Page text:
Previously I promised you all a little something uplifting. I know a lot of what I wrote about while in Thailand was as difficult to read as it was to experience, but while I explored the evil that resides in places we may not expect, the good was there too. I was supported and encouraged by those closest to me and also by those I least expected. Happy New Year. And remember...
"The dreams we appear in are not only our own." - Gil Scot-Heron
It had been a long week. Several days in a Laos-Thai border market from morning until past sunset. This are not your friendly tourist market, but one where you sit and watch, observing and remembering, but unable to react to the things you see. Members of the military delivering children across the border to work. People offering you permission and warnings about your presence in the same breath. Walking down sweltering streets quietly assessing the children you see. I got so I could guess the age and nationality of a child with very good accuracy, whether he or she was selling fresh fish or sex.
So on our day outside of the market, we planned half a day in karaoke bars on the other side of the Mun river to see what we could find. The first had a reputation for having the youngest and most beautiful Lao girls. I sat and observed as three interviewers chatted with girls, reading stories through voice tone and hand gestures. Then we crossed the street to another karaoke bar, and the mamasan invited us to sit down for a chat. After we explained our goals, and that we were hopeful our research would lead to increased access to support and resources for young people there, including karaoke workers, she was receptive. She suggest that future programming include lessons in Thai manners and customs so her ladies could better serve customers. I threw up a little in my mouth. She then brought out 3 employees well over 18 to be interviewed, denying any who were underage. As it was the end of the day (and I could barely contain my feelings toward the mamasan) I decided to walk back to our guesthouse since I couldn't help with interviews.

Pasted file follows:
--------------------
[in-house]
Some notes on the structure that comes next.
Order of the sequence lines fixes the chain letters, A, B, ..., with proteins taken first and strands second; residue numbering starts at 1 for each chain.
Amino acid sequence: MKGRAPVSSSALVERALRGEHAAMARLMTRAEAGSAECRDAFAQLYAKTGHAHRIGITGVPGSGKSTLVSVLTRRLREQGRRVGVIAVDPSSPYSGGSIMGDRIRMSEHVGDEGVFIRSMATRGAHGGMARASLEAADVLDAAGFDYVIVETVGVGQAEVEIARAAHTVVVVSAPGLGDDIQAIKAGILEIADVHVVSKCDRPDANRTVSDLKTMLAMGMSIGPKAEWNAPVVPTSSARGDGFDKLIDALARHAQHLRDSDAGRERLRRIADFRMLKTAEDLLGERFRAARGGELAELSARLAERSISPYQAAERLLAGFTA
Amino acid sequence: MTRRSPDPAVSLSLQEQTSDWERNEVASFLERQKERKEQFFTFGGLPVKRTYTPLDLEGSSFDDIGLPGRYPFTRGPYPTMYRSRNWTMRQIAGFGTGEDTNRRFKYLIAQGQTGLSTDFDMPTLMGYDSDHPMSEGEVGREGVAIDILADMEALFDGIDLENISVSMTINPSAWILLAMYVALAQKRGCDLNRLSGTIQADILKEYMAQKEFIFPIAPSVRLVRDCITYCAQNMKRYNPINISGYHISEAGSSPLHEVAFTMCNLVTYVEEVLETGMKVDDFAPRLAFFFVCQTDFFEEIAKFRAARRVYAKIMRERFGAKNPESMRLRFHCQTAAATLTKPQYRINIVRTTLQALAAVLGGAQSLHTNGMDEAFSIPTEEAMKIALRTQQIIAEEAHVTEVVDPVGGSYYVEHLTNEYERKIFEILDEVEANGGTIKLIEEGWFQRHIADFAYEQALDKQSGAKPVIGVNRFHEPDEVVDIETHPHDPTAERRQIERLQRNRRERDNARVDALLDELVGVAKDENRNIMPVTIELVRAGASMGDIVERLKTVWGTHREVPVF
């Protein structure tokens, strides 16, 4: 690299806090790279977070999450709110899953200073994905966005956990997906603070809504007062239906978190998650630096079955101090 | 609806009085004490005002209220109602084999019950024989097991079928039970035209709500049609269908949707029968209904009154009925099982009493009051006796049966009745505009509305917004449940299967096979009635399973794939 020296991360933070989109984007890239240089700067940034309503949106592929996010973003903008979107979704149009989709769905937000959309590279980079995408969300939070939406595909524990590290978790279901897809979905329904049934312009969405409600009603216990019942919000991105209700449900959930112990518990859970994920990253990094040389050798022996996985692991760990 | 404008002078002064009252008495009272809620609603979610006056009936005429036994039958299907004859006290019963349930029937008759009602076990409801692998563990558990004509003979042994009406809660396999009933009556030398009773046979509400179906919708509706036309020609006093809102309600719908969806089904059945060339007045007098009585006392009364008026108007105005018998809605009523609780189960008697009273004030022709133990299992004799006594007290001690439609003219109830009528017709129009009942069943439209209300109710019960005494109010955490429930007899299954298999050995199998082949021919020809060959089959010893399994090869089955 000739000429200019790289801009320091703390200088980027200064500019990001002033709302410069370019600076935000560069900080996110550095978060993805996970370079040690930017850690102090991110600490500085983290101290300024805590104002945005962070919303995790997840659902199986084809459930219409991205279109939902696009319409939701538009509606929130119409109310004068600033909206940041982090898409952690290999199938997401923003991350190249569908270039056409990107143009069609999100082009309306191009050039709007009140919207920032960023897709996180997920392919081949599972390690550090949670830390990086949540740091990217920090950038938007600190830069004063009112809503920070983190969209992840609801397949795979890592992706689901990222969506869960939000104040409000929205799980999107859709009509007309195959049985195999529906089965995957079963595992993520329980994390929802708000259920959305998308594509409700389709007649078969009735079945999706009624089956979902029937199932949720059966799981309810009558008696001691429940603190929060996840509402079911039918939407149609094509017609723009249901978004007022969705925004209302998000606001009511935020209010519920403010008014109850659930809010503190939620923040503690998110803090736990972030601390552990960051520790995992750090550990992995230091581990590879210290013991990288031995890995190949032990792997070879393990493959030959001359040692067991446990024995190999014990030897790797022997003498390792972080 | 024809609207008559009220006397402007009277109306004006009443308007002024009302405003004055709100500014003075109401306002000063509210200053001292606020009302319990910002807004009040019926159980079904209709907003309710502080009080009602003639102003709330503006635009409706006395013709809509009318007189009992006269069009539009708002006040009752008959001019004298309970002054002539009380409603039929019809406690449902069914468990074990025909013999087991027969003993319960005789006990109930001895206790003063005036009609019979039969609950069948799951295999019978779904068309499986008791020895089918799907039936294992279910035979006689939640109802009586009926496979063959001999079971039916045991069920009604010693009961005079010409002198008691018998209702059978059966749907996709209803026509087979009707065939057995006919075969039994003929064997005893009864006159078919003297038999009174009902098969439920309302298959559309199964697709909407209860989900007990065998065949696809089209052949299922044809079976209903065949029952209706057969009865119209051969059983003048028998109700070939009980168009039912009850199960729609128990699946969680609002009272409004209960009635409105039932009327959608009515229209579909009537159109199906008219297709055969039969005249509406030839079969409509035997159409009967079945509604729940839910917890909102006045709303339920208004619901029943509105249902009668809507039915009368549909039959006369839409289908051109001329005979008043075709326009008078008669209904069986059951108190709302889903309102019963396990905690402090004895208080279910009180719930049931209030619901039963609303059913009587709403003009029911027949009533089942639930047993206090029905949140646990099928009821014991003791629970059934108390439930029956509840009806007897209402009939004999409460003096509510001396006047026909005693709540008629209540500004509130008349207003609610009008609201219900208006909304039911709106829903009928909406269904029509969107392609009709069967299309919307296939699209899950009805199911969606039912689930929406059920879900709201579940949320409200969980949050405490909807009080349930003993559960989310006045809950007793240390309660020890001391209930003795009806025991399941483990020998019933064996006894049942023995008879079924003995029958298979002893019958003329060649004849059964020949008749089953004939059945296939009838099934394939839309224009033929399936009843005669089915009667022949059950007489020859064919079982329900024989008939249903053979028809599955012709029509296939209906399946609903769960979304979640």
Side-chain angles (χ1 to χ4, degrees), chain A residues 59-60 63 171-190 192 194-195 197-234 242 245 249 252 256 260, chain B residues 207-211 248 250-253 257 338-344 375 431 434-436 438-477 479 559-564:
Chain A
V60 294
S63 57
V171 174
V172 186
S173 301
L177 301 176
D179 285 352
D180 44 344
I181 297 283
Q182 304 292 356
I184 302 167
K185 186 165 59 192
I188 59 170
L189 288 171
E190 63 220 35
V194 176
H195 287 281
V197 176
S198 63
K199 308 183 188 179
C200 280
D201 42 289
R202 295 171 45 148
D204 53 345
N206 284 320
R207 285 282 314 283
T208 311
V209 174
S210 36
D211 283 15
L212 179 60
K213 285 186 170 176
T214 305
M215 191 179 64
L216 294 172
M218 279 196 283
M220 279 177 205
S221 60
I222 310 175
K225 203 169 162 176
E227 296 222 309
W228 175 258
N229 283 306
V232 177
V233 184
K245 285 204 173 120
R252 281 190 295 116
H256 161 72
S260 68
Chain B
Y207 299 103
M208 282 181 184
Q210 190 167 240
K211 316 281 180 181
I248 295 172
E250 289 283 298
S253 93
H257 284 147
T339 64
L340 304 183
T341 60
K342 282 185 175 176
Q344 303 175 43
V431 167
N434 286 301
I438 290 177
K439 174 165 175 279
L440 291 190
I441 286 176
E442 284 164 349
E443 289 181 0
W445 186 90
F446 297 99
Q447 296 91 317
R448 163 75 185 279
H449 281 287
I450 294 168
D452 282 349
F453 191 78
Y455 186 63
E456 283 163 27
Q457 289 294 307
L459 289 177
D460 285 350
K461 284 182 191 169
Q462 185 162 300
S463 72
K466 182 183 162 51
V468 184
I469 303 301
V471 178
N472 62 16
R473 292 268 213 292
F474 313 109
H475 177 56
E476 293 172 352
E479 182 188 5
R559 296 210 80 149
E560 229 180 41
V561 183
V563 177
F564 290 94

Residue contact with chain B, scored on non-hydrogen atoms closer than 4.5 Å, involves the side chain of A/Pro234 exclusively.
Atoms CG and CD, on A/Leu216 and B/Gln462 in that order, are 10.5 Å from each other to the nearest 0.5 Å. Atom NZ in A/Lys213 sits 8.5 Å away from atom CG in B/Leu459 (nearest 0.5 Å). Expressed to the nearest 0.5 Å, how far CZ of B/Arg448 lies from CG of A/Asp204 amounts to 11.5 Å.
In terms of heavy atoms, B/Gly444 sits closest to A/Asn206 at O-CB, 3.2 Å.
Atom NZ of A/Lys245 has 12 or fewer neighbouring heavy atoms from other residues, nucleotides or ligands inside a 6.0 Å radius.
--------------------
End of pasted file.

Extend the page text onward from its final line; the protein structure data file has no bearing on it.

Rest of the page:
As I approached the bridge to cross the river, the father of the owner of my guesthouse approached, jogging. He and I had the quasi-friendship of people who do not speak the same language. Since we both like running, we would greet each other, make running motions and smile occasionally. So he saw me walking, said something in Thai and made running motions. I motioned to my shoes, saying I couldn't run but I was walking home (all in English). He smiled and ran off. I continued crossing the bridge, contemplating the new construction and the karaoke bars as they turned on their twinkling Christmas lights for the evening.
Then I saw the father of the guesthouse owner again, this time on a bicycle. He approached me and motioned that I should ride it, watching as I mounted and rode off. He had run back to the guesthouse, pulled out a bicycle and brought it back to me, perhaps thinking that I had meant my feet hurt when I gestured to my shoes earlier. Although I was less than half a mile away, I smiled, thanked him. Even though I ripped one of my two pairs of pants on the chain and managed to get grease on them too, it made my week. Someone did something, unmotivated by personal gain, to help me and make my day easier. It really is the little things.